Manchester United are best known as "the Red Devils," although the club have had a variety of nicknames throughout their history.
Photo Credit: Man Utd FC
However, the term "the Red Devils" have endured, despite the fact that the Manchester club was not always connected with the appellation.
Let's examine how Man Utd came up with the moniker and how the graphic ended up on the club's official crest.
They only changed their name to Manchester United as part of a club rebranding in 1902, when their most frequent name was simply "United."
When the renowned Sir Matt Busby took over the club in 1945, he brought in a slew of young players, earning them the nickname "The Busby Babes" in the press.
The term "The Busby Babes" was retired after the tragedy of the Munich Air Disaster in 1958, which claimed the lives of 23 people, including eight players: Geoff Bent, Roger Byrne, Eddie Colman, Duncan Edwards, Mark Jones, David Pegg, Tommy Taylor, and Billy Whelan.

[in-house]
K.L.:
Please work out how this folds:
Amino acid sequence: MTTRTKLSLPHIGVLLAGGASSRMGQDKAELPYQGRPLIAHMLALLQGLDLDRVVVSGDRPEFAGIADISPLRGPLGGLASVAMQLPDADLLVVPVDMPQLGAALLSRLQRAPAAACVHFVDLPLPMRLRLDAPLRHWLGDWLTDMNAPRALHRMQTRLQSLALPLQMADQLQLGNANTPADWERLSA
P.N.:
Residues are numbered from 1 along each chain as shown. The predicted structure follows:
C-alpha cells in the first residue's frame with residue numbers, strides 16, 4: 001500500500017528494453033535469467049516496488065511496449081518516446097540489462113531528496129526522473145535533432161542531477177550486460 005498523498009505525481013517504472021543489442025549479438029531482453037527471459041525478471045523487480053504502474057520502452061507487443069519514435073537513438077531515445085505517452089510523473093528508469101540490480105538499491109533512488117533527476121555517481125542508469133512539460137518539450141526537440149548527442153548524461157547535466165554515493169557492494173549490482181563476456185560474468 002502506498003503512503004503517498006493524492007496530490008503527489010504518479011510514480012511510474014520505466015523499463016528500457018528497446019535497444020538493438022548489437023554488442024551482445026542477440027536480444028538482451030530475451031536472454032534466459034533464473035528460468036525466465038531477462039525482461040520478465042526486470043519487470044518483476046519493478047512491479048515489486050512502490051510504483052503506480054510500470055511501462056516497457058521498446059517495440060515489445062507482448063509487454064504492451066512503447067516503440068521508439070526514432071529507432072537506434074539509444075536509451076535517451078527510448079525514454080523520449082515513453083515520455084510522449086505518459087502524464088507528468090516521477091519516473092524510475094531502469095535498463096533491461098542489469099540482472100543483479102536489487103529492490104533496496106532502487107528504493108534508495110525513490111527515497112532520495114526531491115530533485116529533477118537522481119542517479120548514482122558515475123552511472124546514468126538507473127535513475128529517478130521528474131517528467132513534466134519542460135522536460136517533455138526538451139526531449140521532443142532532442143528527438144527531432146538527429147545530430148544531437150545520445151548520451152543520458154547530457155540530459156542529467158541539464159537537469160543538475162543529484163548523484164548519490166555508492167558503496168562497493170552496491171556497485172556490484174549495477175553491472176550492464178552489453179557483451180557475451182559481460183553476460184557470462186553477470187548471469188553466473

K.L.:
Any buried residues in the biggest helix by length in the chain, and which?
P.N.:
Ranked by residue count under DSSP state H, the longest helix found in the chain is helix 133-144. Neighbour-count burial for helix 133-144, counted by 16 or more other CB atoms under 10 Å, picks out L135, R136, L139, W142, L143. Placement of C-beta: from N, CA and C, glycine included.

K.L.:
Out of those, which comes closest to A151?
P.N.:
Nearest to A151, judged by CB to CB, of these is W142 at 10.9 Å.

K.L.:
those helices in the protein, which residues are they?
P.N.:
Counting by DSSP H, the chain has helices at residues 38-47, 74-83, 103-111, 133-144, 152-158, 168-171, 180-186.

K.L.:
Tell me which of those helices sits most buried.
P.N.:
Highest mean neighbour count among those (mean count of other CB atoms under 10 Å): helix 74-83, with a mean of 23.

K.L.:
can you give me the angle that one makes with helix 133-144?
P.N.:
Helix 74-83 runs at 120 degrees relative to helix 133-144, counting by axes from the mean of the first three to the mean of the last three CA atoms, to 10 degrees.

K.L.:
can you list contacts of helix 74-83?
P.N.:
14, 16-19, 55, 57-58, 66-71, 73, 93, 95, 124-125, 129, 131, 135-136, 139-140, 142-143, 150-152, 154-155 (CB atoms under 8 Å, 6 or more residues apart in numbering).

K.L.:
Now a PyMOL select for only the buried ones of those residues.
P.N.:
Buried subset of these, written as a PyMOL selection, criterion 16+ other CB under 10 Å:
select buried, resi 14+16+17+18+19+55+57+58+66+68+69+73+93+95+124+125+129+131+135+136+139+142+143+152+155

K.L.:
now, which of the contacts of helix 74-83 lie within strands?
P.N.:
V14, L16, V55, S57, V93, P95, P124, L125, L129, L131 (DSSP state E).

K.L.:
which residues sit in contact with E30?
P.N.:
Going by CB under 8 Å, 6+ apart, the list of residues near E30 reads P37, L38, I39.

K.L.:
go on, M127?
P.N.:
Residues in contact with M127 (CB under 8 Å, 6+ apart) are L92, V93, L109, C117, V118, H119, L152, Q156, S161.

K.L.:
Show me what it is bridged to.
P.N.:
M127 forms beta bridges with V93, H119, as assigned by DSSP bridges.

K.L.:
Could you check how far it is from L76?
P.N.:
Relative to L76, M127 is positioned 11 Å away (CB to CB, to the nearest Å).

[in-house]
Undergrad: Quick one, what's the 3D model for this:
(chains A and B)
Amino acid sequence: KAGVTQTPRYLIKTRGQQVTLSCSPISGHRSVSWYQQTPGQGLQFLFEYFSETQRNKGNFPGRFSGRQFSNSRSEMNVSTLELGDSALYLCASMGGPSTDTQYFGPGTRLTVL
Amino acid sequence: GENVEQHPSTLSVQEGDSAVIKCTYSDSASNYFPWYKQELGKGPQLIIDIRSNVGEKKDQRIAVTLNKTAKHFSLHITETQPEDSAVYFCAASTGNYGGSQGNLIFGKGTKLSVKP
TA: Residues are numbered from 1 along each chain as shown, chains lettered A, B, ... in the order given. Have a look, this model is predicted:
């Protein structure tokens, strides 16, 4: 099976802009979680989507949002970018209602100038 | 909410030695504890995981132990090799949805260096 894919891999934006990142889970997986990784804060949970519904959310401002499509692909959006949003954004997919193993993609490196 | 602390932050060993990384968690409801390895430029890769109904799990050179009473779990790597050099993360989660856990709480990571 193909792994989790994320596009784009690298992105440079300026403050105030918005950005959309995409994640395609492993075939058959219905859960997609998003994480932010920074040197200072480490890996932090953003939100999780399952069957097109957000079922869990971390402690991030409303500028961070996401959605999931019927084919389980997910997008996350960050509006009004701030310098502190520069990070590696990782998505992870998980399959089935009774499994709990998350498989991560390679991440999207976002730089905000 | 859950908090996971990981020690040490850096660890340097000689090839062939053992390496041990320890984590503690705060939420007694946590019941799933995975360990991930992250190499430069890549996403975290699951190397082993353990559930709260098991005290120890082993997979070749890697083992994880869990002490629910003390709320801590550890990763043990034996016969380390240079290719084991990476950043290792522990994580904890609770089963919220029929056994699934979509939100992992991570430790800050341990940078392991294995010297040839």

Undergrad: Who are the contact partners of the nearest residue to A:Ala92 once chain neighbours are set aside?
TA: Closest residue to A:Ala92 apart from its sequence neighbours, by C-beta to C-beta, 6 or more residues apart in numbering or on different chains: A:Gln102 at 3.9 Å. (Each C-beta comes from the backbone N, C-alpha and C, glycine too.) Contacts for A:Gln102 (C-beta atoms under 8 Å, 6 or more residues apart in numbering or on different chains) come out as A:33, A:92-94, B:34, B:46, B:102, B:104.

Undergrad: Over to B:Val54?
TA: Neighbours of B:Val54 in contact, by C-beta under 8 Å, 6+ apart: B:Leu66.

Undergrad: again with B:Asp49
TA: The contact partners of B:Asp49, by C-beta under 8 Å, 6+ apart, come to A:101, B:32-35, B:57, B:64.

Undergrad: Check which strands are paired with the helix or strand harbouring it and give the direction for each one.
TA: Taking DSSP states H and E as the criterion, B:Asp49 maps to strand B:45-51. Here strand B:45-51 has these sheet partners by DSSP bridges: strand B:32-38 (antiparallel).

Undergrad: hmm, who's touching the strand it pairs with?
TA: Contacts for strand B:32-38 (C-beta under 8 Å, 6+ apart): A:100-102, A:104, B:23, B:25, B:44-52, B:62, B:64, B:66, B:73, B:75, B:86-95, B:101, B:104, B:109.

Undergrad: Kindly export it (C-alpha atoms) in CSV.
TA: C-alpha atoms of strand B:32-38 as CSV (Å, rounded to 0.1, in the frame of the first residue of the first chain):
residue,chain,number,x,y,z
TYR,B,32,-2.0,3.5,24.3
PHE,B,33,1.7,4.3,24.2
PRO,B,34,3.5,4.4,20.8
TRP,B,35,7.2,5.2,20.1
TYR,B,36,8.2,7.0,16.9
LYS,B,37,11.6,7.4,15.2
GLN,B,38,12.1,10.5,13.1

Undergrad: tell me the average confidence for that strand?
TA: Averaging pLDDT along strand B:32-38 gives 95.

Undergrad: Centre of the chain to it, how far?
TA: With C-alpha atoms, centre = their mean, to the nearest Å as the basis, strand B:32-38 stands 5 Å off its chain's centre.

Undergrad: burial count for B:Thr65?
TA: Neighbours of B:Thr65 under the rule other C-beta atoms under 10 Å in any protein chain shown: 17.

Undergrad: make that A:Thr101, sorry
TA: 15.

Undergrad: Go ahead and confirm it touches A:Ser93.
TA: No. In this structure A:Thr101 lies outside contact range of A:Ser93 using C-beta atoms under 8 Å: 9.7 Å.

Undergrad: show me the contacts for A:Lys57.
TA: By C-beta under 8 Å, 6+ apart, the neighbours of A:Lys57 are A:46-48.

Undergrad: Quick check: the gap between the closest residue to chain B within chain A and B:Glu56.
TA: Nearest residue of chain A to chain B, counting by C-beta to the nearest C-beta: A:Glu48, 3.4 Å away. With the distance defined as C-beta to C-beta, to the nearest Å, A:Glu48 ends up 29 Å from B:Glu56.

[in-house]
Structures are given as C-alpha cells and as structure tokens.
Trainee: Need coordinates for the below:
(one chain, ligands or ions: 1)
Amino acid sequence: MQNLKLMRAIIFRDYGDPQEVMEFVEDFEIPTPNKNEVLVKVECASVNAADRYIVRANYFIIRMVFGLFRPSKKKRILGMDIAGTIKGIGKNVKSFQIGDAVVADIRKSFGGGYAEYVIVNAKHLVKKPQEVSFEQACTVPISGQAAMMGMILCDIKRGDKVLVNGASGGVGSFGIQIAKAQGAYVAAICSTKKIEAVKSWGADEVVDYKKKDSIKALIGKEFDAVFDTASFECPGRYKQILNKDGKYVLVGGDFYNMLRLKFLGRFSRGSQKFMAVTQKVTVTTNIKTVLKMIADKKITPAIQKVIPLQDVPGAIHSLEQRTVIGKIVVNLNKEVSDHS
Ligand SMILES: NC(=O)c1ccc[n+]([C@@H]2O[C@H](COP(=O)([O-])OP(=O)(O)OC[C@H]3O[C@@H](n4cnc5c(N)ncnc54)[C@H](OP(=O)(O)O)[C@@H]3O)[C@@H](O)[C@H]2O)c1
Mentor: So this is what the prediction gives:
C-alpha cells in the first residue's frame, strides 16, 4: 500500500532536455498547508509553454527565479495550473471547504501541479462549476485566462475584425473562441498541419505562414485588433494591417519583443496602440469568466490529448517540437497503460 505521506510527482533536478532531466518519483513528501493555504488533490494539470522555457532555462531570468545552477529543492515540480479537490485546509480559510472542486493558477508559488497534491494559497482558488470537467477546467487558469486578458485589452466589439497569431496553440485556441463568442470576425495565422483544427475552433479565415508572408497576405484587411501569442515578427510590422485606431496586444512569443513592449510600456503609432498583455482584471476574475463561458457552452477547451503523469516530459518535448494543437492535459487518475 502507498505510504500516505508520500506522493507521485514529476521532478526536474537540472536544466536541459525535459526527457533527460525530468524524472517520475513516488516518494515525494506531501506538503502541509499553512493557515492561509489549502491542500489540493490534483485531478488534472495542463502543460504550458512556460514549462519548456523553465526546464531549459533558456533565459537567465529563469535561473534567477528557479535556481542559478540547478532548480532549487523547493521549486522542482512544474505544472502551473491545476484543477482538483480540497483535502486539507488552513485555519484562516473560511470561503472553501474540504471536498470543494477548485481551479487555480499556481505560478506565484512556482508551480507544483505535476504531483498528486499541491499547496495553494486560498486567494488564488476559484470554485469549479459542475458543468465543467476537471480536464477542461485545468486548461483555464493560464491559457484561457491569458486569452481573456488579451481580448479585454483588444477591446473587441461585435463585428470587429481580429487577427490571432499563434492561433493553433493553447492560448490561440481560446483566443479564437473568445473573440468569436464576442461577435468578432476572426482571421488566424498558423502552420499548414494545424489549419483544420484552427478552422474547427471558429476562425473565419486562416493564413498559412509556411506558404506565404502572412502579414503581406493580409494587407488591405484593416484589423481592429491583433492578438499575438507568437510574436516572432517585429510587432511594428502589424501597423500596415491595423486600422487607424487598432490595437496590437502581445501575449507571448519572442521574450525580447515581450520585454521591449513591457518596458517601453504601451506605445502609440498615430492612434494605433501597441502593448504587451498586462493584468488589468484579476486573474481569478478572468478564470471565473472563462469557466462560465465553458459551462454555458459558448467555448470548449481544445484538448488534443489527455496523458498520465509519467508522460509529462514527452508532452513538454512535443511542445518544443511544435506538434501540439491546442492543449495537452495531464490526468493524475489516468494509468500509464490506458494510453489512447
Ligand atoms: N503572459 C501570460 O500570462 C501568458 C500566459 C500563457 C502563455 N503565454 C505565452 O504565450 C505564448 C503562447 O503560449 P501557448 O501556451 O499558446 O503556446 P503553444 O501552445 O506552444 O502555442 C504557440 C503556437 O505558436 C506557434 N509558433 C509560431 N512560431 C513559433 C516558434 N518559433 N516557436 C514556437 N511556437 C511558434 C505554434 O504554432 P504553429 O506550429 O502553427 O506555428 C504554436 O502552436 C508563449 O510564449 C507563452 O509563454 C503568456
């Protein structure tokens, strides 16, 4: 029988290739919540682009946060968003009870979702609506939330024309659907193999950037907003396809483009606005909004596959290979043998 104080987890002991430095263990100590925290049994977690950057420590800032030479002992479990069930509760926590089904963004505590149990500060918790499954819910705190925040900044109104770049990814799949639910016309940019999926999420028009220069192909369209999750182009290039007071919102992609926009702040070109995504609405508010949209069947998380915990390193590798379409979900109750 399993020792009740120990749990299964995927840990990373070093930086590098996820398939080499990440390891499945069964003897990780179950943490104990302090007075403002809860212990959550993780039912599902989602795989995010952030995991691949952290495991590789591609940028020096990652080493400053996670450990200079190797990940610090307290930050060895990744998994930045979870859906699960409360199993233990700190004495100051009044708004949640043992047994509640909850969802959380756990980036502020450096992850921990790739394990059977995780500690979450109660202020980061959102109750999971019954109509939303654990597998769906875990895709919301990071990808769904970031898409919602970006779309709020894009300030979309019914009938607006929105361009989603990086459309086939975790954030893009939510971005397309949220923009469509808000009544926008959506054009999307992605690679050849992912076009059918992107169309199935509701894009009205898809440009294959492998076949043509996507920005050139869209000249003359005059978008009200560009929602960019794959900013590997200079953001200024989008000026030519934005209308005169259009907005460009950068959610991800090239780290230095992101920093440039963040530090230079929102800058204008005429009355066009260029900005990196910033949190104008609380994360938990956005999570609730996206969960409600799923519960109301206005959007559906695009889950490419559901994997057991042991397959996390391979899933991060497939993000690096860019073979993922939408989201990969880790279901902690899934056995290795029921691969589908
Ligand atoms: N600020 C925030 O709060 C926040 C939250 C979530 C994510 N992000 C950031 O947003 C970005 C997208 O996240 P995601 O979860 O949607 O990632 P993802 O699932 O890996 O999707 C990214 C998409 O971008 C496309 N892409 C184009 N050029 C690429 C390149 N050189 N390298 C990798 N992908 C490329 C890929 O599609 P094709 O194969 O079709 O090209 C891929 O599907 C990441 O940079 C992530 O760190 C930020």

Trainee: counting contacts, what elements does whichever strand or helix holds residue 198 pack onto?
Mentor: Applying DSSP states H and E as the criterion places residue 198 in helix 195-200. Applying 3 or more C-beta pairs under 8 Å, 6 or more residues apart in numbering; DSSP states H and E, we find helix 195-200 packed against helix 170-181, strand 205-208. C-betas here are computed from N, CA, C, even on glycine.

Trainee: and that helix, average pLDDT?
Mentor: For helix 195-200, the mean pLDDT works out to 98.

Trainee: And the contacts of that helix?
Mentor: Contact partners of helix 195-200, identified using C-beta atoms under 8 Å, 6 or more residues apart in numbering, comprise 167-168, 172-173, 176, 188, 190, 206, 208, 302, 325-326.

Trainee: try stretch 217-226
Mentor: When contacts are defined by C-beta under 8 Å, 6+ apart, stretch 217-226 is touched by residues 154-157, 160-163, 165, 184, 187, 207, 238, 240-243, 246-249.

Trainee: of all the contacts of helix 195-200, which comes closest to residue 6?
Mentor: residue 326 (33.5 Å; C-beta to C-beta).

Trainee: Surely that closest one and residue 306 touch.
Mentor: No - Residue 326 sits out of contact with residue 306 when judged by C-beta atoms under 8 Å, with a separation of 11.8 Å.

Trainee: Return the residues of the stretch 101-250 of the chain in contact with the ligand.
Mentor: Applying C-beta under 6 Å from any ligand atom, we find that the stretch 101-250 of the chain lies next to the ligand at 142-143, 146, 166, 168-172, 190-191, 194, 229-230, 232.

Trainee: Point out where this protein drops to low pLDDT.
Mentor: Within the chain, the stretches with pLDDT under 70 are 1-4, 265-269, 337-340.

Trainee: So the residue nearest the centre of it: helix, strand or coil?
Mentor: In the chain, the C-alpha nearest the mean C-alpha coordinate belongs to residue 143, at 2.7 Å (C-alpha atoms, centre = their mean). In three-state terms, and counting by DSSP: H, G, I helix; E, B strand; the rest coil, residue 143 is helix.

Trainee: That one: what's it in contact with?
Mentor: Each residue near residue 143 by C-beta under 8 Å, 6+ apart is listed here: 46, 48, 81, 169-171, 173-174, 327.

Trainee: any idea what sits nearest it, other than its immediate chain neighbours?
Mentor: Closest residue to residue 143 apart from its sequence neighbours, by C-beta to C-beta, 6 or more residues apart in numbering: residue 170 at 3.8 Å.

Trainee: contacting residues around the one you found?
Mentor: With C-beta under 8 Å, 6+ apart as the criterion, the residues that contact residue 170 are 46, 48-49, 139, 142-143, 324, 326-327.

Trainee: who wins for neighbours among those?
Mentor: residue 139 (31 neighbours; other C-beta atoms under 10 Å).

The team needed a new nickname, so Busby looked to the English rugby team Salford, which had toured France in the 1930s for inspiration.
Their outfit consisted of a red jersey, and the French press dubbed them "Les Diables Rouges," or "the Red Devils."
Busby loved the term and thought the link to the devil rather than the more heavenly "Babes" sounded more threatening, so the club started using the devil logo on matchday programs and scarves.
In 1970, the club badge was modified, featuring the distinctive devil with a pitchfork that has become synonymous with the squad.
The nickname for the Red Devils may be one of the weirdest in football history, but it has undoubtedly helped the team gain international recognition.
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